In Florida, the State will often charge a person with a crime via an information. The information must set forth details regarding the alleged offense, including the date when it was committed. If the information contains inaccurate details, the State may be granted leave to amend it, as discussed in a recent battery case. If you are faced with charges of battery or another violent crime, it is advisable to speak with a St. Petersburg violent crime defense lawyer to determine your rights.

Procedural Setting of the Case

It is alleged that the State of Florida appealed an order dismissing its information charging the defendant with battery. The original information alleged that the defendant committed a battery on February 7, 2020, in Tampa during a Super Bowl tailgating party. However, during trial, the State recognized an error in the date and sought to amend the information to reflect the correct date of the alleged offense as February 7, 2021. The defendant opposed the amendment, asserting that the defense would be prejudiced because it had prepared for trial based on the incorrect date. The trial court denied the State’s request to amend and, instead, granted the defendant’s oral motion to dismiss. A written order of dismissal was subsequently entered.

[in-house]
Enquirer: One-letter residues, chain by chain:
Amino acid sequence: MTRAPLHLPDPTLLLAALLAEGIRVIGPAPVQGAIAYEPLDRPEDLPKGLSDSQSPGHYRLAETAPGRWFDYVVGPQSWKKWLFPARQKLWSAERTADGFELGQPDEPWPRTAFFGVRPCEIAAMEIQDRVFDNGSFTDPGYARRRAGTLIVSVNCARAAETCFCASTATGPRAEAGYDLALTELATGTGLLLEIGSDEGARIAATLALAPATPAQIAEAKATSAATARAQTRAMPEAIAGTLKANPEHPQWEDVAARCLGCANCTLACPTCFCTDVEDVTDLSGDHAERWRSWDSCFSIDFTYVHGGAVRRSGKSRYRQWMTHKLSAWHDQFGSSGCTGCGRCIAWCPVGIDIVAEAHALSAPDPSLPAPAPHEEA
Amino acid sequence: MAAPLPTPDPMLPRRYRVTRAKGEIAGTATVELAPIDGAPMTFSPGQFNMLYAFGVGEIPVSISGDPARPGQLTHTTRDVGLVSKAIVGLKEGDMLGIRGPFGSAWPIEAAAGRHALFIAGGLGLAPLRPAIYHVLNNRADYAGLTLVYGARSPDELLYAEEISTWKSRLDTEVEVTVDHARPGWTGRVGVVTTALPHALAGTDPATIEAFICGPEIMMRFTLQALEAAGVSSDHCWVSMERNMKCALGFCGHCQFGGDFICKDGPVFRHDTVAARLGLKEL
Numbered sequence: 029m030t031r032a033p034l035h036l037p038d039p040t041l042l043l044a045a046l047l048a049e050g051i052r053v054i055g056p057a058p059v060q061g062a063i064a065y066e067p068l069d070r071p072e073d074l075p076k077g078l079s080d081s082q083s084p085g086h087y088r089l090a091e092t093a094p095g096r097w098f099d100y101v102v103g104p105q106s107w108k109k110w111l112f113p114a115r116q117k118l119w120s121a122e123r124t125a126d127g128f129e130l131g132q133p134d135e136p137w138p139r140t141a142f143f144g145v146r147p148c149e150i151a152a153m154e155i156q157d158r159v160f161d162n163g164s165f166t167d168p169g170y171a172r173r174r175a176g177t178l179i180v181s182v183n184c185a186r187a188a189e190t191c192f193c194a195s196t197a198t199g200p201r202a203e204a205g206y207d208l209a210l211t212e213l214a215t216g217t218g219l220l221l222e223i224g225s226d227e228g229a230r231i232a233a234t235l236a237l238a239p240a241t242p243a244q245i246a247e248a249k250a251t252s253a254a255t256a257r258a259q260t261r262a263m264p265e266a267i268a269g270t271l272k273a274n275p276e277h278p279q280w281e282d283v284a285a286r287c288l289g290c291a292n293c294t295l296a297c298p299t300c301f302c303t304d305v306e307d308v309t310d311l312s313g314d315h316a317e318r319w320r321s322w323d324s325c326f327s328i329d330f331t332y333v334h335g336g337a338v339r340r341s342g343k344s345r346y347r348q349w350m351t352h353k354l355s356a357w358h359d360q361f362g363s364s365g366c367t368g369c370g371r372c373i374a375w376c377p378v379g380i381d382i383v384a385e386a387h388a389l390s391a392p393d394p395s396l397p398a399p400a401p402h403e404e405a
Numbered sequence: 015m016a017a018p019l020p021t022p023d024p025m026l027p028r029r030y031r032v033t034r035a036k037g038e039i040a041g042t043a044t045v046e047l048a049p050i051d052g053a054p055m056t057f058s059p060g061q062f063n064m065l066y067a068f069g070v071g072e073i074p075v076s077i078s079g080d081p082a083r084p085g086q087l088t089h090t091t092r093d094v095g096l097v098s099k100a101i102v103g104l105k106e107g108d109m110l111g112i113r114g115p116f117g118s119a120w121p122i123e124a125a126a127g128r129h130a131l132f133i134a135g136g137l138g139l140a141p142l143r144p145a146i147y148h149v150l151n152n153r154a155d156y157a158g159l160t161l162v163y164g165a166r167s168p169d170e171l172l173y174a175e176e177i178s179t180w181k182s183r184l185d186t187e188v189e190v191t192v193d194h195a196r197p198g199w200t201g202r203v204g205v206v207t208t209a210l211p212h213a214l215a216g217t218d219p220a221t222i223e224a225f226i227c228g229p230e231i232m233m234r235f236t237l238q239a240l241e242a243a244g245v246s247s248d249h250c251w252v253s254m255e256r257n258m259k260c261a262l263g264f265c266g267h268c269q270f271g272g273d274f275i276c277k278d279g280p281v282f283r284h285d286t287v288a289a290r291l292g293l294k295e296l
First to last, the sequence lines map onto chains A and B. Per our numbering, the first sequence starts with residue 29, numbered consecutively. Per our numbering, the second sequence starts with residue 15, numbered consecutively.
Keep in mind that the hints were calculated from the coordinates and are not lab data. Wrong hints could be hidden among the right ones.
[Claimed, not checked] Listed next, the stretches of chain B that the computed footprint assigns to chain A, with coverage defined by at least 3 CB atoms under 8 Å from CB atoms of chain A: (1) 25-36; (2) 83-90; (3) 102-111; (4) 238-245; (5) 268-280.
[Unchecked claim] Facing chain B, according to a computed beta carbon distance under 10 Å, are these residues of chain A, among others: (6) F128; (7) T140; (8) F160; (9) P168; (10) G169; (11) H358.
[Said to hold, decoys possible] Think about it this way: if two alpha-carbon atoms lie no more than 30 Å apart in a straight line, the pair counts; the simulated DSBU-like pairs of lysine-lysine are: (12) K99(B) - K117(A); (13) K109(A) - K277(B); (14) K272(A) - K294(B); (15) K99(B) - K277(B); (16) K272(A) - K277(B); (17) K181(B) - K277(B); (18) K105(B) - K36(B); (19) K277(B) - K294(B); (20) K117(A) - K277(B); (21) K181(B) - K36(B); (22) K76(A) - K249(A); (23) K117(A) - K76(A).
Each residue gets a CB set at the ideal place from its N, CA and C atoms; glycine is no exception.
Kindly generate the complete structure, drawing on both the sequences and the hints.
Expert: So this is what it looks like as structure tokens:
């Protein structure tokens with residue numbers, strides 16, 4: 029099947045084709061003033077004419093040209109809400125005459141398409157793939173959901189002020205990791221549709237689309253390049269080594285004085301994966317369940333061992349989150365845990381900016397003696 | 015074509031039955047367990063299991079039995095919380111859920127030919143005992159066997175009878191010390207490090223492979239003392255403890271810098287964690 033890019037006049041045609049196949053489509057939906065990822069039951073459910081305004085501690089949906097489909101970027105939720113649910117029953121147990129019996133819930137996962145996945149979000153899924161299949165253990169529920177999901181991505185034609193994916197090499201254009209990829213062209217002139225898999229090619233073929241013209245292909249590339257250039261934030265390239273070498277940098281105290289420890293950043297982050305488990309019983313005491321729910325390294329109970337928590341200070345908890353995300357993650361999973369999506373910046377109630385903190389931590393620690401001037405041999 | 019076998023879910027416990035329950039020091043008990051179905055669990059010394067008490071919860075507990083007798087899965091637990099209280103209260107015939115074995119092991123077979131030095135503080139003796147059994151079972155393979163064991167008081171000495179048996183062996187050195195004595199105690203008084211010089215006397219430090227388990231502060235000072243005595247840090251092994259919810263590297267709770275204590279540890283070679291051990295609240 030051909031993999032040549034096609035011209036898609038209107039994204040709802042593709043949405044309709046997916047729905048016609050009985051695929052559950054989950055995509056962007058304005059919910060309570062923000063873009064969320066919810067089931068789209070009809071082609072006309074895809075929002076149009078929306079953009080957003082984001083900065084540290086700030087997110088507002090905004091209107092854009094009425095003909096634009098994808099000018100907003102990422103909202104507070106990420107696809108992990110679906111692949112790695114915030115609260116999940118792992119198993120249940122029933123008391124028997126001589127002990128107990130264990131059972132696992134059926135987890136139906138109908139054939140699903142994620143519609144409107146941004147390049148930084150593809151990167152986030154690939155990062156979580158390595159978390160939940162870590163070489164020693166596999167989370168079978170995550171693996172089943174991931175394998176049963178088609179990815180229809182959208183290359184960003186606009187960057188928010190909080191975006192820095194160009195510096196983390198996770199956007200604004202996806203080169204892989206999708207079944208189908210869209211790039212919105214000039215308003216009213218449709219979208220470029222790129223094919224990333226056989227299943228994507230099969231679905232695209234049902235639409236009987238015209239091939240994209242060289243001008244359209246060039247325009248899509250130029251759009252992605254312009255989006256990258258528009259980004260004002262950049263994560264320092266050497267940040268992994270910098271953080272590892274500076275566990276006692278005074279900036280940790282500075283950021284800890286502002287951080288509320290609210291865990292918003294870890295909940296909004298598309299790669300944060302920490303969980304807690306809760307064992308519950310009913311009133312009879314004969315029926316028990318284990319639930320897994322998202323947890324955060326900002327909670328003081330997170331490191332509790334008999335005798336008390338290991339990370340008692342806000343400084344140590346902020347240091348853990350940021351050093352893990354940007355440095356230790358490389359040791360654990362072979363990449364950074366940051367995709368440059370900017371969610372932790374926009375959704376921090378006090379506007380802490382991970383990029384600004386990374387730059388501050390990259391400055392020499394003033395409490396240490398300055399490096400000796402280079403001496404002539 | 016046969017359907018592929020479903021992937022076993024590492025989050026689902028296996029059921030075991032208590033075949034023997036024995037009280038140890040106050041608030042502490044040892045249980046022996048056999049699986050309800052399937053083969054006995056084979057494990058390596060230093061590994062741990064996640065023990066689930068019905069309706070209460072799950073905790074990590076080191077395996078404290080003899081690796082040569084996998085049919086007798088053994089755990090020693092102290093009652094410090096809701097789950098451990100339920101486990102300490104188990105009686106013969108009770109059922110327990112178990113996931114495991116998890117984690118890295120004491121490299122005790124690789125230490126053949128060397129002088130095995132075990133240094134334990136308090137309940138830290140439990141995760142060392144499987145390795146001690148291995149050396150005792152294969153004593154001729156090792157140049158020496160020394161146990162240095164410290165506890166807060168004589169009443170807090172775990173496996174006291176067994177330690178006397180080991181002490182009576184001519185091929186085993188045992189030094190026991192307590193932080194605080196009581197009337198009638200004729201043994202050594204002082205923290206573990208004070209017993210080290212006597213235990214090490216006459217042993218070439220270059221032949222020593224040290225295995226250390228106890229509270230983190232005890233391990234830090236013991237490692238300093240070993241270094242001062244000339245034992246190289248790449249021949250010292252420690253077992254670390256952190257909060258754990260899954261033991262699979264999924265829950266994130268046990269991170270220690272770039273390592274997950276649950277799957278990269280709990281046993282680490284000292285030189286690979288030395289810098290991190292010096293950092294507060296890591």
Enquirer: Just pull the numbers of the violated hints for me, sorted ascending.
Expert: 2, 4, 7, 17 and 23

Pursuant to federal law, the act of garnishing a firearm to commit a crime of violence is an indictable offense. In order to convict a person of such a crime, the prosecution must establish, among other things, that the underlying crime in question constitutes a violent offense. Recently, a Florida court explained what is considered a violent felony under Florida law in a case in which it ultimately affirmed the defendant’s conviction. If you are accused of a violent crime, it is wise to confer with a St. Petersburg violent crime defense attorney about your rights.

Factual and Procedural Background

It is reported that the defendant was charged with multiple crimes, including assault with a dangerous weapon in violation of the federal VICAR (violent crimes in aid of racketeering) statute, possession of a firearm in furtherance of a crime of violence, and multiple drug crimes. The government presented evidence during the trial that the defendant and his codefendants were members of a narcotics dealers’ group operating as a criminal organization from 2008 to 2014 and that they had committed an armed robbery, discharging a firearm during their escape.